Learn to make compost. It's the best way to recycle your yard waste and some food scraps. And if you can't make enough compos to mulch your garden, buy it from the municipal waste company.It's inexpensive and certified as a soil amendment for organic agriculture.
Learn more about your garden:
Spend more time observing it. How does the light and shade change throughout the year? Where does the rainwater flow? How does the wind affect your garden? Which critters call it home?
Track the daily high and low temperature and the rainfall in your location. You can find inexpensive gauges in most garden centers and nurseries and online. Keep a notebook or other journal to record what you observe.
Experiment with something new: new plants, new tools or new ways of taking care of your garden. Did you know that no-till gardens are the wave of the future?
Make your garden work better for you:
What are the big challenges in your garden, and what one action could you take to make the biggest dent in dealing with that challenge?
What can you do to make your garden more enjoyable? Do you need more seating? Or perhaps more shade or sun? Do you want to create a peaceful nook for meditation?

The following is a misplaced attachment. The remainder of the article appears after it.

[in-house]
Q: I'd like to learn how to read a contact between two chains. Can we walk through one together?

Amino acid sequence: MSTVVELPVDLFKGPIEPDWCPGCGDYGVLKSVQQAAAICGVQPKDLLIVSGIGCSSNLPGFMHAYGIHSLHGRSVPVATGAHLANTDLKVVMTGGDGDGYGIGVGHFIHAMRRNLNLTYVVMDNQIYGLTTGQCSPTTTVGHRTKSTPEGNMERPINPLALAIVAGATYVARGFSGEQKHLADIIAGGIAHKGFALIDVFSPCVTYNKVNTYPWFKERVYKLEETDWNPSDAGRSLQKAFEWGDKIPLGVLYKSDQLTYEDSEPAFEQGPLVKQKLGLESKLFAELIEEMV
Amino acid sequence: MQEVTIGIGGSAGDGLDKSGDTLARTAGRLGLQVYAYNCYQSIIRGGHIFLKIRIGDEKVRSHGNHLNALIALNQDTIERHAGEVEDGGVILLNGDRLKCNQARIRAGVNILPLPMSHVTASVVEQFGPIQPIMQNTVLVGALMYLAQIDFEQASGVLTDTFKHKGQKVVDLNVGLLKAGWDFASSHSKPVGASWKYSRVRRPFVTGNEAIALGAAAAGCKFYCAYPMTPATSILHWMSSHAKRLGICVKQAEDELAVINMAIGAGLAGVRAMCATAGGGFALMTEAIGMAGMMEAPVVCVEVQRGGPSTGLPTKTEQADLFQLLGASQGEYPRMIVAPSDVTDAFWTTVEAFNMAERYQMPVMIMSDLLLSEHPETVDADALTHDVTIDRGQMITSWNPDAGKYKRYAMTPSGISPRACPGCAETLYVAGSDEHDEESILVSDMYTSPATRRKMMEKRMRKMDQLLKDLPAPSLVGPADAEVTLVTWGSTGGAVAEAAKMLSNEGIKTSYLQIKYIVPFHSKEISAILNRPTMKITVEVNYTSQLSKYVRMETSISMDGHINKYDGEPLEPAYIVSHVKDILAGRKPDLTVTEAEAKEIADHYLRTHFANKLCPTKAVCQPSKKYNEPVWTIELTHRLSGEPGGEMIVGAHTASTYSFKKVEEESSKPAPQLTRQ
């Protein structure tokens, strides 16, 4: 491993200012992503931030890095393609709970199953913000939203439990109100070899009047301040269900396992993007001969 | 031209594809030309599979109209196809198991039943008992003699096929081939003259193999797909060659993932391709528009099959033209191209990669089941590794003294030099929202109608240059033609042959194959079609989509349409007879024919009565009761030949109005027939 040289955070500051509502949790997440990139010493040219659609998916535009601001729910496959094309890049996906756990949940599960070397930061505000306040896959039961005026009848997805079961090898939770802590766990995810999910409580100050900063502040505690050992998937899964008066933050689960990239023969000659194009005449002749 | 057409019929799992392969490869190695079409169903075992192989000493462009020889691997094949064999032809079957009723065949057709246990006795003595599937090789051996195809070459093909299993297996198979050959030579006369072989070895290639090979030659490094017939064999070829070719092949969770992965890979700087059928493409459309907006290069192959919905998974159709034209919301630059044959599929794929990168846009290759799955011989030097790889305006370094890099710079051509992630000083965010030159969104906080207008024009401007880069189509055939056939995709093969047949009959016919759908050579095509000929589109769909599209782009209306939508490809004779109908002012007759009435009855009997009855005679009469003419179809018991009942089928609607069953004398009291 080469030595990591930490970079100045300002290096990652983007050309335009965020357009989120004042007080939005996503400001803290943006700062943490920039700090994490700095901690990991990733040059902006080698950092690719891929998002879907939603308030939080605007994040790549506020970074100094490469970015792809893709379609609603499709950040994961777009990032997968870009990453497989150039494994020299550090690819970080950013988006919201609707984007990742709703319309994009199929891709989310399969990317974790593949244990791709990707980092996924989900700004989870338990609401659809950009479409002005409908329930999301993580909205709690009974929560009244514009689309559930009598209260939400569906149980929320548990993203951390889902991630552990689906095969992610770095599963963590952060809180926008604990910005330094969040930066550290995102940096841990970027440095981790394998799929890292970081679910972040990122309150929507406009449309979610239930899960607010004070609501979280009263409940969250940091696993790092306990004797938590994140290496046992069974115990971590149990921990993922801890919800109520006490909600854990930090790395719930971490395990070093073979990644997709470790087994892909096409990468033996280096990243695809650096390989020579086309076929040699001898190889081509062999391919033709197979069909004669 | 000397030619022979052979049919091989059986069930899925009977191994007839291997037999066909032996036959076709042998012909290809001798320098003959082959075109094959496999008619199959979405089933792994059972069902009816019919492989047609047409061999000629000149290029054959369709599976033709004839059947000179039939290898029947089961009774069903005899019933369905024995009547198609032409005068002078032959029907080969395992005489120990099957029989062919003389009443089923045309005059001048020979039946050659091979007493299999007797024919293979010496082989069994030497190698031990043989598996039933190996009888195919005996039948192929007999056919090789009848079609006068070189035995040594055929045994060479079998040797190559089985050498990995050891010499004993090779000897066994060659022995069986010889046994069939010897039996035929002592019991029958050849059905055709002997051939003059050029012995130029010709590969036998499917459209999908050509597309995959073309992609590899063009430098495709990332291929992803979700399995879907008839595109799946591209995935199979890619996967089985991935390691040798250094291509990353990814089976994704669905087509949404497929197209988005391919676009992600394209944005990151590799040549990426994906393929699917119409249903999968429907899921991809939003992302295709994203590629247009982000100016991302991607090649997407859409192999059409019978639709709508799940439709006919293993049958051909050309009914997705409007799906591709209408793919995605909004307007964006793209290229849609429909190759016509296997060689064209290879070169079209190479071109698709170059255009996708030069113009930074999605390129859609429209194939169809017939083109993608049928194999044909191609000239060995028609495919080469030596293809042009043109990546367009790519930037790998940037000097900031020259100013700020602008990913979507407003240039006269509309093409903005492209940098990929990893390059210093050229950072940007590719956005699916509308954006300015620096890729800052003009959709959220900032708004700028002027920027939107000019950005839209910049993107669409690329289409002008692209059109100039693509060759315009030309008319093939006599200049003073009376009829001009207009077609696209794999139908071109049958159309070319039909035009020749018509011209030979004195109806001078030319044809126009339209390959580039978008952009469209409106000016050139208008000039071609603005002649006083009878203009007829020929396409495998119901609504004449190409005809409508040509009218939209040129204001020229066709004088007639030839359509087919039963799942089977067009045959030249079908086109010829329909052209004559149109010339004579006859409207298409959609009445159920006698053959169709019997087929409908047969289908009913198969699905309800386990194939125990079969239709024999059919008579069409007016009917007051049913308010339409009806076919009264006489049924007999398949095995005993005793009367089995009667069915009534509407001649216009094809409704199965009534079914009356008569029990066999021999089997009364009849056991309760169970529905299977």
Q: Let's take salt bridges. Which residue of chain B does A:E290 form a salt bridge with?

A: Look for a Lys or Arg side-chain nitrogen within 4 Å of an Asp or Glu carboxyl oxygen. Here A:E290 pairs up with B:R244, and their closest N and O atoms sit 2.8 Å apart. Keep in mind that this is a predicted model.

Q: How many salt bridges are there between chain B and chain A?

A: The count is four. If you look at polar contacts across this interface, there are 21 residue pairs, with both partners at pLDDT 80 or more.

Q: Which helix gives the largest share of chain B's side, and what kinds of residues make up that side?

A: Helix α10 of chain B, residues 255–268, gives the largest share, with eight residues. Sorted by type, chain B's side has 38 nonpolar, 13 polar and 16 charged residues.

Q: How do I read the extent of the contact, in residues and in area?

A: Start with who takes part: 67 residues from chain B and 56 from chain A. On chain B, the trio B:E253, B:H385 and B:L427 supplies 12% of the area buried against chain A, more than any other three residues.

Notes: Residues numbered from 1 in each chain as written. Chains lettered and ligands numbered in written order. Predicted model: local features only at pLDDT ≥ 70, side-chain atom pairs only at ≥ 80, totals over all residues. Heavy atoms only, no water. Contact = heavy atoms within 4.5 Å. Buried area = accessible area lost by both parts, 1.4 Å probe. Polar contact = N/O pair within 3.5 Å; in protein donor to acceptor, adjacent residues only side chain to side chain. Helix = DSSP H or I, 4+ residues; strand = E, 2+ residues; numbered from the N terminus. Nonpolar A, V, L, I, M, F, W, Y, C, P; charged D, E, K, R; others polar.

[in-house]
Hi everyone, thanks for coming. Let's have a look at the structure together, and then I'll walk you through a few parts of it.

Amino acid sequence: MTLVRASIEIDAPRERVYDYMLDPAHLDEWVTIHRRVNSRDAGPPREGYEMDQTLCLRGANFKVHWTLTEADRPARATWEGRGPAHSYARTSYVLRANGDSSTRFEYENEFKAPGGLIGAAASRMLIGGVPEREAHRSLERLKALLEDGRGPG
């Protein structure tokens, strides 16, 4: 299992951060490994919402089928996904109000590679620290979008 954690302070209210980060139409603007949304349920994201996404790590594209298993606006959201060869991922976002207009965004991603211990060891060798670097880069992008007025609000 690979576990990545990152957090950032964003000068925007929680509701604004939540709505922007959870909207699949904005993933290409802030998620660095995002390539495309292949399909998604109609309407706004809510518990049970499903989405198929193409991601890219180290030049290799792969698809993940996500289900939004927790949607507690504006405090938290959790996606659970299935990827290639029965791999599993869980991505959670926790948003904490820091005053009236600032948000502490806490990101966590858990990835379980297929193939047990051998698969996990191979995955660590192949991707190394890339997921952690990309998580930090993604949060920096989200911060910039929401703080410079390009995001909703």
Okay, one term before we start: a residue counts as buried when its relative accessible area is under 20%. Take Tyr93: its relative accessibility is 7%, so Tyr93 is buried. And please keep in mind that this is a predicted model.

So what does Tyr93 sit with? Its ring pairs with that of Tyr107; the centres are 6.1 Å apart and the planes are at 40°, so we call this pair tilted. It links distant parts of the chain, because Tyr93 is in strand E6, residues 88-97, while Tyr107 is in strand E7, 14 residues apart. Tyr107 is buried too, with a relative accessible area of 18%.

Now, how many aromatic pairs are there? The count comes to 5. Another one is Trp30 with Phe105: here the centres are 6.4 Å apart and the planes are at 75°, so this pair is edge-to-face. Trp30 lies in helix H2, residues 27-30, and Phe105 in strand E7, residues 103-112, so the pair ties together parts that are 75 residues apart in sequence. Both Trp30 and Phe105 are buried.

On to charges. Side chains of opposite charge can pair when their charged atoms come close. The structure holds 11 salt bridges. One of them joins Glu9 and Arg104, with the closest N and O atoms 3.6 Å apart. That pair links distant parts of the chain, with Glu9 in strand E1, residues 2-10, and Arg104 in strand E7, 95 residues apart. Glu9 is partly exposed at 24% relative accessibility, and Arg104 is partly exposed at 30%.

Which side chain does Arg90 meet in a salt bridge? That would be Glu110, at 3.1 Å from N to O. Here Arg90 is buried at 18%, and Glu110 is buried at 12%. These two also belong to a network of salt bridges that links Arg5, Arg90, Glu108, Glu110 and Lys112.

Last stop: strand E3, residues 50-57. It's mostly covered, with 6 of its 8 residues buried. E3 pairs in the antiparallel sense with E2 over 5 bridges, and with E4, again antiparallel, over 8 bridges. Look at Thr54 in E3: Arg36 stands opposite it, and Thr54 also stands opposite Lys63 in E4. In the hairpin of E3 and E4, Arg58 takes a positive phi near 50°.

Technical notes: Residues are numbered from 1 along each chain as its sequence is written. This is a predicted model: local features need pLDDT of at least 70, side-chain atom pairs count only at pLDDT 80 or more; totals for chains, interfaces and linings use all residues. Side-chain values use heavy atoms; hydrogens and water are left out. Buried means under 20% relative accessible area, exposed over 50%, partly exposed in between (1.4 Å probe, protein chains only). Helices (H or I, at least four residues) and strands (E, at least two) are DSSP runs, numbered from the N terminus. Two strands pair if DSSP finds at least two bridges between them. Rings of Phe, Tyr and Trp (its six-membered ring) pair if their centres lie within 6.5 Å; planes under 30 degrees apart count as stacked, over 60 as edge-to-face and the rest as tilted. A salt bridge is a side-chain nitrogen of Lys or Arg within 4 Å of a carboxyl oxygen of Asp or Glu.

Simply spend a bit more time gardening. Fifteen minutes a day can have a big effect and will make for a relaxing break, no matter what time of day you go out.
Consider contributing fresh produce to the local Food Bank (check first to find out what is needed). This is a wonderful activity to share with kids.
Do you have grandkids or nieces and nephews? How about introducing them to the joys of gardening?
Knowledge makes you a better and more confident gardener. Check out the Master Gardener website (http://napamg.ucanr.edu/) for useful information as well as upcoming workshops and events.
Or you could simply decide to spend more time in the garden. Fresh air and being in nature are wonderful for your heart and soul. Being more at peace is a wonderful intention for the new year.